Swift and Strange: Harold R. Johnson’s The Björkan Sagas

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Harold R. Johnson is a difficult writer to classify and, therefore, an interesting writer to read. On his Twitter bio, he labels himself “trapper, fisherman, writer, father, grandfather, husband, lawyer, dog musher, farrier, lumberjack, prospector, Uncle, friend, heavy equipment operator, paddler.” The books he’s written are just as varied and unpredictable. His polemic Firewater draws from his experience as a Canadian Crown Prosecutor to address the scourge of alcoholism, while Cry Wolf matches Indigenous traditions with forensic science in an investigation of a fatal wolf attack in Saskatchewan. His novel The Cast Stone has the United States conquering Canada and facing resistance, while his later Corvus is a dystopian novel set in a future Canada struggling to accommodate catastrophic climate change.

Some themes and motifs recur—the meeting of First Nations and European cultures, the resilience of Cree culture, stewardship of and care for the environment—how these themes will materialize from one book to the next is impossible to predict. I guess I shouldn’t be surprised that Johnson has now written a fantasy novel of sorts.

In the frame story, which occupies the first twenty-odd and the last eight pages of The Björkan Sagas, author/narrator Harold describes the last days of his neighbor Joe. Harold and his wife Joan live an isolated life on a Canadian lake; solar power provides charges for their electronic devices, oil fuels their motorboat, and they have a car parked a few miles away, but they don’t have running water and the nearest town is fifty long miles distant. Joe, who proves to be just over a hundred years old, lives an even more spartan life: The Swedish immigrant ex-trapper never uses anything with an internal combustion engine, and cut his own wood for heating well into his final years. When Harold paddles his canoe to Joe’s cabin and finds his taciturn neighbor near death, he is entrusted with a cardboard briefcase. After Joe’s peaceful death, Harold opens the case and discovers the handwritten Björkan Sagas, three tales written in an obscure Swedish dialect. Their translation comprises the remainder of the novel.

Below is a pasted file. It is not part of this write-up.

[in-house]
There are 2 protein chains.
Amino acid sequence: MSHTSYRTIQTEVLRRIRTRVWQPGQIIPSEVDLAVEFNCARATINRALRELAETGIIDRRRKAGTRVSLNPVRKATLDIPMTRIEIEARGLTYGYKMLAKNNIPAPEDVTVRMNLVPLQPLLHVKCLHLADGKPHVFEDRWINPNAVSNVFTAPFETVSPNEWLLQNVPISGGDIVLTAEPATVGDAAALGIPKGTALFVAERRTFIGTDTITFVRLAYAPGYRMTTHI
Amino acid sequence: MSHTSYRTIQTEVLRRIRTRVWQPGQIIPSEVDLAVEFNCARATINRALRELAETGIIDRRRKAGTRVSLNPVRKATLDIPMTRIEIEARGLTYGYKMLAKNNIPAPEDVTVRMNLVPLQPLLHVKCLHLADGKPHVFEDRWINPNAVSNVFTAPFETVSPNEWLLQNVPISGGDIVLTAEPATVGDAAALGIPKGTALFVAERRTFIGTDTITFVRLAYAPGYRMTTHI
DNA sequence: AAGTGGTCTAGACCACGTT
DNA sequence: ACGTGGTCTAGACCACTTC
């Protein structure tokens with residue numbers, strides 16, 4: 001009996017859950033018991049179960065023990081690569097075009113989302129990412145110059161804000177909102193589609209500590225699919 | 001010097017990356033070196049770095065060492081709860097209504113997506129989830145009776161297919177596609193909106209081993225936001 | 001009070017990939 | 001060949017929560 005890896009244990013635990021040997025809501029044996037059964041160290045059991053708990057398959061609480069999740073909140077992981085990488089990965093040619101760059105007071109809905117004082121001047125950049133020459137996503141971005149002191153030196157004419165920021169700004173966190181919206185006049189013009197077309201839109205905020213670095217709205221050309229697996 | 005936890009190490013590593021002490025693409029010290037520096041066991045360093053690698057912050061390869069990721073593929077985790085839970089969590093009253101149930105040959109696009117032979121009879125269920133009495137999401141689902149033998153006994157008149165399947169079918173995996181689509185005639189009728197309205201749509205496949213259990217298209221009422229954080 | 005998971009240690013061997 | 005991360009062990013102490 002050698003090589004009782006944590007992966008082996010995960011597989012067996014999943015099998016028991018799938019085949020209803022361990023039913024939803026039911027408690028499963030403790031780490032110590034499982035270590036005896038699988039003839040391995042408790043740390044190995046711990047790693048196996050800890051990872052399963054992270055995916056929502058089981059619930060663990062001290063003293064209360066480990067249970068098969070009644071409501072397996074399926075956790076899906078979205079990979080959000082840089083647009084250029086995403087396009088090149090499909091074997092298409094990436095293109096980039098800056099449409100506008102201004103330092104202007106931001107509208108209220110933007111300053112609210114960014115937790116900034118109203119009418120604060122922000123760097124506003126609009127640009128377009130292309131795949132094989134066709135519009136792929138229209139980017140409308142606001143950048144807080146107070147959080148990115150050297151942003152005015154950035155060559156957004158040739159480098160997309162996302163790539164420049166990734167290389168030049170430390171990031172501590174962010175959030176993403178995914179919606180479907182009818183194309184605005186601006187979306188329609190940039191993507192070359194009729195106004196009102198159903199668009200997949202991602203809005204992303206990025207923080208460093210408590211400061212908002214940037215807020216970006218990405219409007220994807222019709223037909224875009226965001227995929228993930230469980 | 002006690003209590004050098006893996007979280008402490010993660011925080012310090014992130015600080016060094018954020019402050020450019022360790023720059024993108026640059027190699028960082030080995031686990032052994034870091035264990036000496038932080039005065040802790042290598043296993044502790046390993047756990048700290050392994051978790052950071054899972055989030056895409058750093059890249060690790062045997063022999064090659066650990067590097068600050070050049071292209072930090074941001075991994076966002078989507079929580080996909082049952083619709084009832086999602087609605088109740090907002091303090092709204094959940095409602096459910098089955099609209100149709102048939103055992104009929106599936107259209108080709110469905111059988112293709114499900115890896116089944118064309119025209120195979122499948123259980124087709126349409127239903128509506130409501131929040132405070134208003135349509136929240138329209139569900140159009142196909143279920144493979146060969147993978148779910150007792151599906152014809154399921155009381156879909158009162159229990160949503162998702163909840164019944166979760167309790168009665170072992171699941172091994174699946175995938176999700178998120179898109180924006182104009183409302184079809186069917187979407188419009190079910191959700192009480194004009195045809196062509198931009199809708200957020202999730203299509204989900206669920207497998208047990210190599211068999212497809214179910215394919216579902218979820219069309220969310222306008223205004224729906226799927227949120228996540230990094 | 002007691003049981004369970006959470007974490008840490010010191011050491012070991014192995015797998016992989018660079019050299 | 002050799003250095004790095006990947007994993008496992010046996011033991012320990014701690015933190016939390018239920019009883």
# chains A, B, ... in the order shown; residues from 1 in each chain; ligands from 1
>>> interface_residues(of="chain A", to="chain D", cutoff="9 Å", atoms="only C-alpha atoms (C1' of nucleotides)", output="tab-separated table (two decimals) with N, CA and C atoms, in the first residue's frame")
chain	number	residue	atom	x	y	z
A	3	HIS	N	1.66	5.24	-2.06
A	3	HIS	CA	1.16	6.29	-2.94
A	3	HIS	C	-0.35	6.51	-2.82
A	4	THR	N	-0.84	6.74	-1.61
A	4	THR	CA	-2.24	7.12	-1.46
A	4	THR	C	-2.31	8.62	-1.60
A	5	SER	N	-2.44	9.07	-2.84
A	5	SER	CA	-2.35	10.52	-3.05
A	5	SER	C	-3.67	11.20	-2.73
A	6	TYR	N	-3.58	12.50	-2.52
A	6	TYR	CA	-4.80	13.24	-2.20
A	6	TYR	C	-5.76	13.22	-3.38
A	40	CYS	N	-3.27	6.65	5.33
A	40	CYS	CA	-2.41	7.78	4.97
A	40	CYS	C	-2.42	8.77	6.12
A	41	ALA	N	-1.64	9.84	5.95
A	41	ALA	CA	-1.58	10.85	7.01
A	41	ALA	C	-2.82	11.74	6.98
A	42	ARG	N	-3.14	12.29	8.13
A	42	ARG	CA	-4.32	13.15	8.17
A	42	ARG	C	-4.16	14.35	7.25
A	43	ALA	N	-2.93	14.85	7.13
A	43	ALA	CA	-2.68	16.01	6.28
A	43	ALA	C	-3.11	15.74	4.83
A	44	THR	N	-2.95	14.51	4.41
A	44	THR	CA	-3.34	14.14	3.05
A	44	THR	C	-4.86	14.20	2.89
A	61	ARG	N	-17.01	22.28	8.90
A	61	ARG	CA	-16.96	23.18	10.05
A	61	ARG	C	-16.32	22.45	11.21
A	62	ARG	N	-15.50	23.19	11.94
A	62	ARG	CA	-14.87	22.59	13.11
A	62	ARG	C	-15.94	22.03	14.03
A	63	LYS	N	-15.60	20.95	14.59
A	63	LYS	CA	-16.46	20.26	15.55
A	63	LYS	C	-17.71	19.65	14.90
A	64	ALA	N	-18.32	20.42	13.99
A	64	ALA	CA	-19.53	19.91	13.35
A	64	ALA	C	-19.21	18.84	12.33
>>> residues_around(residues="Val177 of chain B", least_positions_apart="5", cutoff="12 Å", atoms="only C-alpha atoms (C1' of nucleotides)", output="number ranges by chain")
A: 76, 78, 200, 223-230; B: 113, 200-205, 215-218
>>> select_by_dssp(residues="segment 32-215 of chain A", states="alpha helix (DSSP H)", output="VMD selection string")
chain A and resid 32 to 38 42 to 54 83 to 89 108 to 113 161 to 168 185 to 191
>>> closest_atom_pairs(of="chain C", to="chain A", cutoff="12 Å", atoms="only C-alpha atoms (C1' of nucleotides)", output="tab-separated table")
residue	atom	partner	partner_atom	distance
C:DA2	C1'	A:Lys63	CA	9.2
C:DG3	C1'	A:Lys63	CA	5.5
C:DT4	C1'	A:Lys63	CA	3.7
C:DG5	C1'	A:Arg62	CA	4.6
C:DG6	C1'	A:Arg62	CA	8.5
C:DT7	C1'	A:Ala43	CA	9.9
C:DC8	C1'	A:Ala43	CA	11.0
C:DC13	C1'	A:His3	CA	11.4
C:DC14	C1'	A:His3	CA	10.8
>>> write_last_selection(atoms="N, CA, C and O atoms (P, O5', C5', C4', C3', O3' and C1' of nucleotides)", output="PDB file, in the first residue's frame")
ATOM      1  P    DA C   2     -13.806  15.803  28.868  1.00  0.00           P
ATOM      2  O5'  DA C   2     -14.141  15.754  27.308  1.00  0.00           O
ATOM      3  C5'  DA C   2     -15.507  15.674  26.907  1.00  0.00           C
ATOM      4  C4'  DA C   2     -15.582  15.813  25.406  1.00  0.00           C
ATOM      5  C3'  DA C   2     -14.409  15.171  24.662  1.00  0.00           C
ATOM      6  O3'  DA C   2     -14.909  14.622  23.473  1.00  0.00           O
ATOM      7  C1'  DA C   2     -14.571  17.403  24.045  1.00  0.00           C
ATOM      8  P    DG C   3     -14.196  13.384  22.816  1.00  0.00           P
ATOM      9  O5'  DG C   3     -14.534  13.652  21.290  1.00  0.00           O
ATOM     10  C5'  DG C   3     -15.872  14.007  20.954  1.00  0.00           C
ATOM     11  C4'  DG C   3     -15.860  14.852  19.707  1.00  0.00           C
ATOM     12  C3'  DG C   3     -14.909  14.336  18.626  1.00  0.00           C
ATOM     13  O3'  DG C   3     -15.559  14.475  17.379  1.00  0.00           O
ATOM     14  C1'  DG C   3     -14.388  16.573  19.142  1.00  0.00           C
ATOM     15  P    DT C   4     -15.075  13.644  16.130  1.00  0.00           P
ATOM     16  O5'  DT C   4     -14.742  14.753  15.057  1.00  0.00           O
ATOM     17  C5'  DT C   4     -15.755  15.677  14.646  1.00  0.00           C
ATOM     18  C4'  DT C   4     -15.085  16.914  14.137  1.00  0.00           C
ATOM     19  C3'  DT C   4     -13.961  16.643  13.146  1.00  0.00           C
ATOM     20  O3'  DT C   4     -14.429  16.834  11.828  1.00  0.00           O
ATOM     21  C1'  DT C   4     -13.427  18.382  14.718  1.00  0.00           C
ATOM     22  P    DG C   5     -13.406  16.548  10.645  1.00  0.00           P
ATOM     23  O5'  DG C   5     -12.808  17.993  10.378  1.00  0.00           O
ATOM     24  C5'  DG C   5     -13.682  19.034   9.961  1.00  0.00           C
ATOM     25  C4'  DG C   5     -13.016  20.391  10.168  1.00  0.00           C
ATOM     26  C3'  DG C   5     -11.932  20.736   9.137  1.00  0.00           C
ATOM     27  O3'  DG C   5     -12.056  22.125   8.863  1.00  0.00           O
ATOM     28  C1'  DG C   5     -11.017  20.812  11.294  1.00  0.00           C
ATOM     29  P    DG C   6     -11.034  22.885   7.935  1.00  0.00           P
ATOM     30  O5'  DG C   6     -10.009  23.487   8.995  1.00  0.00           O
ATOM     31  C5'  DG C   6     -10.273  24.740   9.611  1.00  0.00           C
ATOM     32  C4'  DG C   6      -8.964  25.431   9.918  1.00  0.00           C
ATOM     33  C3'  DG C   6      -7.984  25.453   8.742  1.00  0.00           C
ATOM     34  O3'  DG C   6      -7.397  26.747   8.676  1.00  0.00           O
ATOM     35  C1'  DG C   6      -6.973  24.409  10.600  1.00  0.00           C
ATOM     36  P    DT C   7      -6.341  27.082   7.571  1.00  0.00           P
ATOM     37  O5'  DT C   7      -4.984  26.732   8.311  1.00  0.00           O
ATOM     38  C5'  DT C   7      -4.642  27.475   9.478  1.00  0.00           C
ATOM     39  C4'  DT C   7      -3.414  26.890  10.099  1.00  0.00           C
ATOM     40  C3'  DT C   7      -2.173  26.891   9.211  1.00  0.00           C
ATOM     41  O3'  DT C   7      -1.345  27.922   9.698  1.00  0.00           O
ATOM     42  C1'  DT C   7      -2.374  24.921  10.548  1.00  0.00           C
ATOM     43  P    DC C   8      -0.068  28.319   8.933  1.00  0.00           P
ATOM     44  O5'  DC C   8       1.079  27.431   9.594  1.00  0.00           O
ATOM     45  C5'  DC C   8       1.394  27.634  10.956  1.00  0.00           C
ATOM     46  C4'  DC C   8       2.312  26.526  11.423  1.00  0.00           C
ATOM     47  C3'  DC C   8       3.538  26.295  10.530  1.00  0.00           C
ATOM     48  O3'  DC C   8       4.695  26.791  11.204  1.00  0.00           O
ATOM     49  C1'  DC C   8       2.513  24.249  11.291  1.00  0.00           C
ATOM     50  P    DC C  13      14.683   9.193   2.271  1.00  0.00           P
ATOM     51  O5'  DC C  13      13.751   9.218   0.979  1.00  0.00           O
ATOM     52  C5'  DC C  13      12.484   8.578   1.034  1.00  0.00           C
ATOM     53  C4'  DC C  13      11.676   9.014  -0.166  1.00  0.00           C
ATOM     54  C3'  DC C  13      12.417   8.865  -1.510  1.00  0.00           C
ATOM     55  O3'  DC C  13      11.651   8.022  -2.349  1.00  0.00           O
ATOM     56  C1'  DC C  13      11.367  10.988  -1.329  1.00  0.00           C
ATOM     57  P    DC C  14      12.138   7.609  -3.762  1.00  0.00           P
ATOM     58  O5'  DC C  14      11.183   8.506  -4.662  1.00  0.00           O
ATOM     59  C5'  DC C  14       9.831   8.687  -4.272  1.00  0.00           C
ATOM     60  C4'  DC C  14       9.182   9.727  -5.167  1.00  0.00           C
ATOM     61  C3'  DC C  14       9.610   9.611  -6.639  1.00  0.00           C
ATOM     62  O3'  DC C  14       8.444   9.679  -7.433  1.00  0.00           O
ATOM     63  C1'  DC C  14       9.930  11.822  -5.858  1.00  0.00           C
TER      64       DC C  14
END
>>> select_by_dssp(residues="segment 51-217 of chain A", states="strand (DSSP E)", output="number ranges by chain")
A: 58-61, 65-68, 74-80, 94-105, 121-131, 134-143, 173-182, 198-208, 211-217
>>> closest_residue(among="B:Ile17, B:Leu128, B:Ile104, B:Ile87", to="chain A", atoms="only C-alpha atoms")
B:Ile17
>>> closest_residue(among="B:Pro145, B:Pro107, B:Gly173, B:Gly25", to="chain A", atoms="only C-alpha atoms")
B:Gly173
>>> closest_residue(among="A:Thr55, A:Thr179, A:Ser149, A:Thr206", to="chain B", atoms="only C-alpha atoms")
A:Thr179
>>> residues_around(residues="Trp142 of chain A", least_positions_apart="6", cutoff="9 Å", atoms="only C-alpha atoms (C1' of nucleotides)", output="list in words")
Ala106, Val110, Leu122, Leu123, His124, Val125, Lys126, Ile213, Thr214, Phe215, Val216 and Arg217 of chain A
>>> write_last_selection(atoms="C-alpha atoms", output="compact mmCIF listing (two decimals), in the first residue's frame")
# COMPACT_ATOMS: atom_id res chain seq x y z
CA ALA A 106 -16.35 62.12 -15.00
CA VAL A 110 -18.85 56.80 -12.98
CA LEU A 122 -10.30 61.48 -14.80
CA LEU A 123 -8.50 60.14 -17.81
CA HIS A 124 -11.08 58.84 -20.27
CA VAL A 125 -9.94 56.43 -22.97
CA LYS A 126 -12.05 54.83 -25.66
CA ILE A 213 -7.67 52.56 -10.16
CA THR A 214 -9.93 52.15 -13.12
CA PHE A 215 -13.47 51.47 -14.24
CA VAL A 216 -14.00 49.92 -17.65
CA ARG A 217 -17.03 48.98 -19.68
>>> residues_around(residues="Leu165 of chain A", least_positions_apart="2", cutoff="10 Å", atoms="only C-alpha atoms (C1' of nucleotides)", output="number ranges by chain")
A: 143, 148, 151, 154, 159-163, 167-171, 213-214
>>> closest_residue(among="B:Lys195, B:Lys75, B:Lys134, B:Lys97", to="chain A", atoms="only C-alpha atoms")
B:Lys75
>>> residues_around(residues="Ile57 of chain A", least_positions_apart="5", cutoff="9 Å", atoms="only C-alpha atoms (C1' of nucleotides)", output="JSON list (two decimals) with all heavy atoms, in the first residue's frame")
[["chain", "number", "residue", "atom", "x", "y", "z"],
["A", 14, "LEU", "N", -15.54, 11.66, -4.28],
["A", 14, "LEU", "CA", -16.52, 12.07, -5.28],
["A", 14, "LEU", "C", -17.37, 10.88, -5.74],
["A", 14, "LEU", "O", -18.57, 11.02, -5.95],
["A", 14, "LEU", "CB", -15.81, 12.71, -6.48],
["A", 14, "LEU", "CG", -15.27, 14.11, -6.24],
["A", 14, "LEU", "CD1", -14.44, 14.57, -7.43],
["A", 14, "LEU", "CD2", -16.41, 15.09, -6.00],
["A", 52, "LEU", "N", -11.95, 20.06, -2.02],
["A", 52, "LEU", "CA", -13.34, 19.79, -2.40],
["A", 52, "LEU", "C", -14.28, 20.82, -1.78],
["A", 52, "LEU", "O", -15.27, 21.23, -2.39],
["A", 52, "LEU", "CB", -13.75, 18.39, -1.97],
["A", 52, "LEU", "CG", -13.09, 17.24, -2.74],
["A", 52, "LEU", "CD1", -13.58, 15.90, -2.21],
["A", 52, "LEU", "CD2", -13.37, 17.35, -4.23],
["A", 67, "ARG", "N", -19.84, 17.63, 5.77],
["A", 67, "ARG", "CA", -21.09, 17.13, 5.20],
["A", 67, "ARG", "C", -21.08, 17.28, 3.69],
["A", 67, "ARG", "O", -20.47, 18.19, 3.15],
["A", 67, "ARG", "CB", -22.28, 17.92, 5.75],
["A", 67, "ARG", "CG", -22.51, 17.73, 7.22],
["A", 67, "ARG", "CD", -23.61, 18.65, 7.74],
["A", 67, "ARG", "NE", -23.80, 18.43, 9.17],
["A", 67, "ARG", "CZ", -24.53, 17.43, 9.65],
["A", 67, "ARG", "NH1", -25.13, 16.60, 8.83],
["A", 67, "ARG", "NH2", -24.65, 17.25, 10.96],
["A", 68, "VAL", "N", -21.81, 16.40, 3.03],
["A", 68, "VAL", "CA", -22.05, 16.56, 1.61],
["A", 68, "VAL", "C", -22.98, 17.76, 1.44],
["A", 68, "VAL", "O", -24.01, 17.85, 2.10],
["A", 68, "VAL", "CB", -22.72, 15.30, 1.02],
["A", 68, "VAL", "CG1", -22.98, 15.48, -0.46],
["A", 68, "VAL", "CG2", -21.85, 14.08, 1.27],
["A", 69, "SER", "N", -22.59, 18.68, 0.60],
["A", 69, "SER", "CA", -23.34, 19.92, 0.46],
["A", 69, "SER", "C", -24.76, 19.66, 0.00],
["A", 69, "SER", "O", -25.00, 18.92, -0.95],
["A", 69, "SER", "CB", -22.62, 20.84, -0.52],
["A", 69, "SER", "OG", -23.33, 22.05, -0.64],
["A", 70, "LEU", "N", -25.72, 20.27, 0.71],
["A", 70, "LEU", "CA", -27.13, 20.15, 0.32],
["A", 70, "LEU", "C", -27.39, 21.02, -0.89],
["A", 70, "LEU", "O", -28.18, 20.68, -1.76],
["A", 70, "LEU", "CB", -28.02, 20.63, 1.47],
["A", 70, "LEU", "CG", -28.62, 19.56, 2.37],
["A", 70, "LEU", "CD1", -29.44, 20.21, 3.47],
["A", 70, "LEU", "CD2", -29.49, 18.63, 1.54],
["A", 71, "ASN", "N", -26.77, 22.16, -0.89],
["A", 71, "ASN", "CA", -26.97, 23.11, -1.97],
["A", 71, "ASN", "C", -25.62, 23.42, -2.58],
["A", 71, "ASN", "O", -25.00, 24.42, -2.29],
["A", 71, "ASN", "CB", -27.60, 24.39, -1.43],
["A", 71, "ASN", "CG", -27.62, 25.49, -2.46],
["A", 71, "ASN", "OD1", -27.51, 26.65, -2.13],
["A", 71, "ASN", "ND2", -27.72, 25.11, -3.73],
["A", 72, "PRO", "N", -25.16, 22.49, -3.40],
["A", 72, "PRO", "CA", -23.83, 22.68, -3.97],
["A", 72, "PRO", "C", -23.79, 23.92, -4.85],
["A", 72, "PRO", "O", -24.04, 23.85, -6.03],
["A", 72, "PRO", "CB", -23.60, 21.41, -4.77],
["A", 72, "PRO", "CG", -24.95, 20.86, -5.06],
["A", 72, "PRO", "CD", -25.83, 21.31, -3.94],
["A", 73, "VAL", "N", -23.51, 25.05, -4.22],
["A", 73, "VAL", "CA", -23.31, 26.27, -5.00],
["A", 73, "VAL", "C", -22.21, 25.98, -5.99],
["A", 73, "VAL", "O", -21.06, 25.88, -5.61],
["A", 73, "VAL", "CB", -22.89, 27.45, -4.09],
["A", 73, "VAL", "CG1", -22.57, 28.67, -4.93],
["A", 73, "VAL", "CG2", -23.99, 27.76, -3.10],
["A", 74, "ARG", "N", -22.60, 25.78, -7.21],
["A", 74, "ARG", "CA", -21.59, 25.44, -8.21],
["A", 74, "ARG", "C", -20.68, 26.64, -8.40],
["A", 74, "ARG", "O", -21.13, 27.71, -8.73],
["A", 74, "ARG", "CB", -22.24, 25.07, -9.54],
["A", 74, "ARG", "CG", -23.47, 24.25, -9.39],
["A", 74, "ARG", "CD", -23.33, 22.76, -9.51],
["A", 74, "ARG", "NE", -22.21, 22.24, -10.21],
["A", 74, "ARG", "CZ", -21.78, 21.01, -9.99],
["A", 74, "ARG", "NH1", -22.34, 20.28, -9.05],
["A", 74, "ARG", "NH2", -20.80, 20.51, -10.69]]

Harold Johnson’s father was a Swedish immigrant, while his mother was a member of the Cree Nation. The three sagas that Harold-the-narrator discovers reflects both of the cultures inherited by Harold Johnson, the real-world author. The first two sagas are narrated by Juha, a member of the Björkan people on an unnamed planet. The Björkans live in five narrow river-carved valleys dominated by the vast Björka trees, which provide food, shelter, and the people’s name. The climate and the environment of the Björkan people is essentially Scandinavian, while their culture and folklore is reminiscent of that of the Cree and other First Nations.